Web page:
Hill town

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For other uses, see Hill station.
The ruins of Machu Picchu built at the height of Incan civilization but abandoned just 100 years later

A hill town is any citadel town built upon hills to make invasion difficult. Often protected by defensive walls, steep embankments, or cliffs, such hilltop settlements provided natural defenses for their inhabitants.

In Europe, especially in Italy, Spain, Portugal and southern France, such towns were common.

Castel del Monte (AQ), a little-known Italian hill town

The Spanish even brought the traditional European hill town to the Americas, a notable example being the 16th century Mexican hill town of Guanajuato. However, fortified hill towns were by no means solely a European creation. For instance, Incan fortified hill towns predated the arrival of the Spanish by many centuries and rival those of Europe. Machu Picchu, an Incan hill town completed in the mid-15th century in Peru, although now in ruins, is considered perhaps the most beautiful hill town ever constructed. Construction of fortified hill towns was common in many civilizations. Ancient examples can also be found in Africa and Asia.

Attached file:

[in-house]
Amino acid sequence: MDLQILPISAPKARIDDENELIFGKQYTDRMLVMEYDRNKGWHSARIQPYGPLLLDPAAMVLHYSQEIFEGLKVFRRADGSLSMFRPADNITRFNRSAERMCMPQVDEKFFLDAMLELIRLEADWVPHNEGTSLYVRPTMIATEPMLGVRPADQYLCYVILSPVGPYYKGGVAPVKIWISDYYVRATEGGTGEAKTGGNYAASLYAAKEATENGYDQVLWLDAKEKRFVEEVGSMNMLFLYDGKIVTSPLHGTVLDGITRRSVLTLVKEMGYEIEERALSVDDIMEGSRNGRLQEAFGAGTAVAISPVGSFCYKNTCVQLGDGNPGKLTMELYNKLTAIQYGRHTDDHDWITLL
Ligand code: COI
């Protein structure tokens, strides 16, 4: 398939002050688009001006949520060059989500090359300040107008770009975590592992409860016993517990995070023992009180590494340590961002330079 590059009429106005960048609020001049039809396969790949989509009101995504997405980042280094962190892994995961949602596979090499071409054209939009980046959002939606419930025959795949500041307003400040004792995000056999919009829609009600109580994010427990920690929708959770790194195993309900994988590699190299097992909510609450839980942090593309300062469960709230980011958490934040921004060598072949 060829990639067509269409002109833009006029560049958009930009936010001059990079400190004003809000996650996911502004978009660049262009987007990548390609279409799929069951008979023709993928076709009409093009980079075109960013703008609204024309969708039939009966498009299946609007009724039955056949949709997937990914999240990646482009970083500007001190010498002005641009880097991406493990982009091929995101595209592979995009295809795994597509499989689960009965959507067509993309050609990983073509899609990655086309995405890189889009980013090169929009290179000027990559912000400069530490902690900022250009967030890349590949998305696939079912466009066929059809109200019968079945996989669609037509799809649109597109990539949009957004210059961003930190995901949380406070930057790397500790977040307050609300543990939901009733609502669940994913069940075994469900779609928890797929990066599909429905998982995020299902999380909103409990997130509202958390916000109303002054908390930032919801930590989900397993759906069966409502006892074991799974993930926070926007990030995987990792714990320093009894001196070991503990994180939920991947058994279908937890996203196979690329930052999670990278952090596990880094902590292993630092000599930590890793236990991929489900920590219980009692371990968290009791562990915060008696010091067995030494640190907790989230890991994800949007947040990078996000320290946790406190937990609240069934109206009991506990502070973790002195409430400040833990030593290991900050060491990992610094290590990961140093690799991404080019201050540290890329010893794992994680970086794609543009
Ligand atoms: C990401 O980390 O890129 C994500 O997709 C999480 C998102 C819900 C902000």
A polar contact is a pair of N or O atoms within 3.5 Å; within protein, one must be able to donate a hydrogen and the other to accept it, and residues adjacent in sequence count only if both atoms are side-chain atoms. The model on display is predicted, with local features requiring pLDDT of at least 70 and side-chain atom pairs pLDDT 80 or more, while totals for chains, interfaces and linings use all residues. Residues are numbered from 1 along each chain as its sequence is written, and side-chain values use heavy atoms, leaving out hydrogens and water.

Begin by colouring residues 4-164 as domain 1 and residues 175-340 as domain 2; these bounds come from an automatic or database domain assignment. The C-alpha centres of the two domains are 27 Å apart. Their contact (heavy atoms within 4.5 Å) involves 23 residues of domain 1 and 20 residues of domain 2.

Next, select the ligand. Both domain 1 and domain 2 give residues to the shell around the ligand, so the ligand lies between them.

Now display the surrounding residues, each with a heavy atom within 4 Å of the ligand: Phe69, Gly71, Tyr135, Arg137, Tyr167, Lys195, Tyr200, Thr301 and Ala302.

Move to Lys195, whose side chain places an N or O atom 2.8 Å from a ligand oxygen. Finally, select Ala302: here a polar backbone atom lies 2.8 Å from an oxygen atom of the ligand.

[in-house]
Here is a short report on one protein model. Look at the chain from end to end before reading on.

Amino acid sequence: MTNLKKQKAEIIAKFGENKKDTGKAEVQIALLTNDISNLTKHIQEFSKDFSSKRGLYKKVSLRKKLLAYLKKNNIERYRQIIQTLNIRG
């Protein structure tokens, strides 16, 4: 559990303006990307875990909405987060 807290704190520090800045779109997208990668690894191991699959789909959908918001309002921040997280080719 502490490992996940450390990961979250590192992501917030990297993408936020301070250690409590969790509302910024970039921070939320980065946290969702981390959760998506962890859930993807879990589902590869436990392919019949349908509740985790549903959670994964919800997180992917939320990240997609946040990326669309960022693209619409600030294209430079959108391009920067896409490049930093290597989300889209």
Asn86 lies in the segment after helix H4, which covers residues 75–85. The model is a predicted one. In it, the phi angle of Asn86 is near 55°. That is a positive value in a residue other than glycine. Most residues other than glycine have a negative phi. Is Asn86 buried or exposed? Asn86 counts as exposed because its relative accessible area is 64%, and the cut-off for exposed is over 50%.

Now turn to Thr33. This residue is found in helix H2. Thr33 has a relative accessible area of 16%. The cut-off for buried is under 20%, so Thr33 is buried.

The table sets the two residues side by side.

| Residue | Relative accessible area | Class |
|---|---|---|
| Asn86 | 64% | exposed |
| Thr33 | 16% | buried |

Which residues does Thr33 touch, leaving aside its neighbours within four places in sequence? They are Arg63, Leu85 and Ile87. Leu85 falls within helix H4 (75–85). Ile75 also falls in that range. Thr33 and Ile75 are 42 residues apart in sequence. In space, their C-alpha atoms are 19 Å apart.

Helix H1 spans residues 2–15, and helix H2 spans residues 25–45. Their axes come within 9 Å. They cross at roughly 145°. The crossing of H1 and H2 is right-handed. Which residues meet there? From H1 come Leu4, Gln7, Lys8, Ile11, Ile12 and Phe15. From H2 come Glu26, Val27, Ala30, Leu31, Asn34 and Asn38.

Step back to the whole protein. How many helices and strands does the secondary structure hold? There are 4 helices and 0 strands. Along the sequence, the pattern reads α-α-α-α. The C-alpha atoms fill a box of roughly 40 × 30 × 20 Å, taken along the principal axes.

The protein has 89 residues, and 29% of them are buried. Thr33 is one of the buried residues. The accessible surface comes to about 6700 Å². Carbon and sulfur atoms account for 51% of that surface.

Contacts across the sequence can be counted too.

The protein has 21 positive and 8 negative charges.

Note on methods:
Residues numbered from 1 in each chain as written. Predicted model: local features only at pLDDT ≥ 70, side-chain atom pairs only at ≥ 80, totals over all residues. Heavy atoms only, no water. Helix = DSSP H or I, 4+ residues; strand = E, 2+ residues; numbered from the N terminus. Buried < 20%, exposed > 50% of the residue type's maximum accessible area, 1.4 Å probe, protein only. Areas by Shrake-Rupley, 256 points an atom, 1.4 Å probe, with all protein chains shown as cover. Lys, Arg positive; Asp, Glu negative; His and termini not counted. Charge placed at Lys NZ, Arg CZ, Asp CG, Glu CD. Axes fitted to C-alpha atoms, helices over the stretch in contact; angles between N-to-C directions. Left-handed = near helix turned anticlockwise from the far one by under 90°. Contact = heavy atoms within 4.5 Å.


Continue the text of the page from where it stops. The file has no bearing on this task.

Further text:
Around the world, the most famous examples are the hilltowns of Darjeeling and Simla.

In recent years, Bill Buchanan, Douglas Duany, Lucian Steil and others have studied hill towns with an interest in reviving interest in the enduring form.

Buchanan has argued that the form gives comfort regardless of current threat, as we've evolved to like our back protected while able to view all who approach. It makes our space inhabited large, he contends.

See also[edit]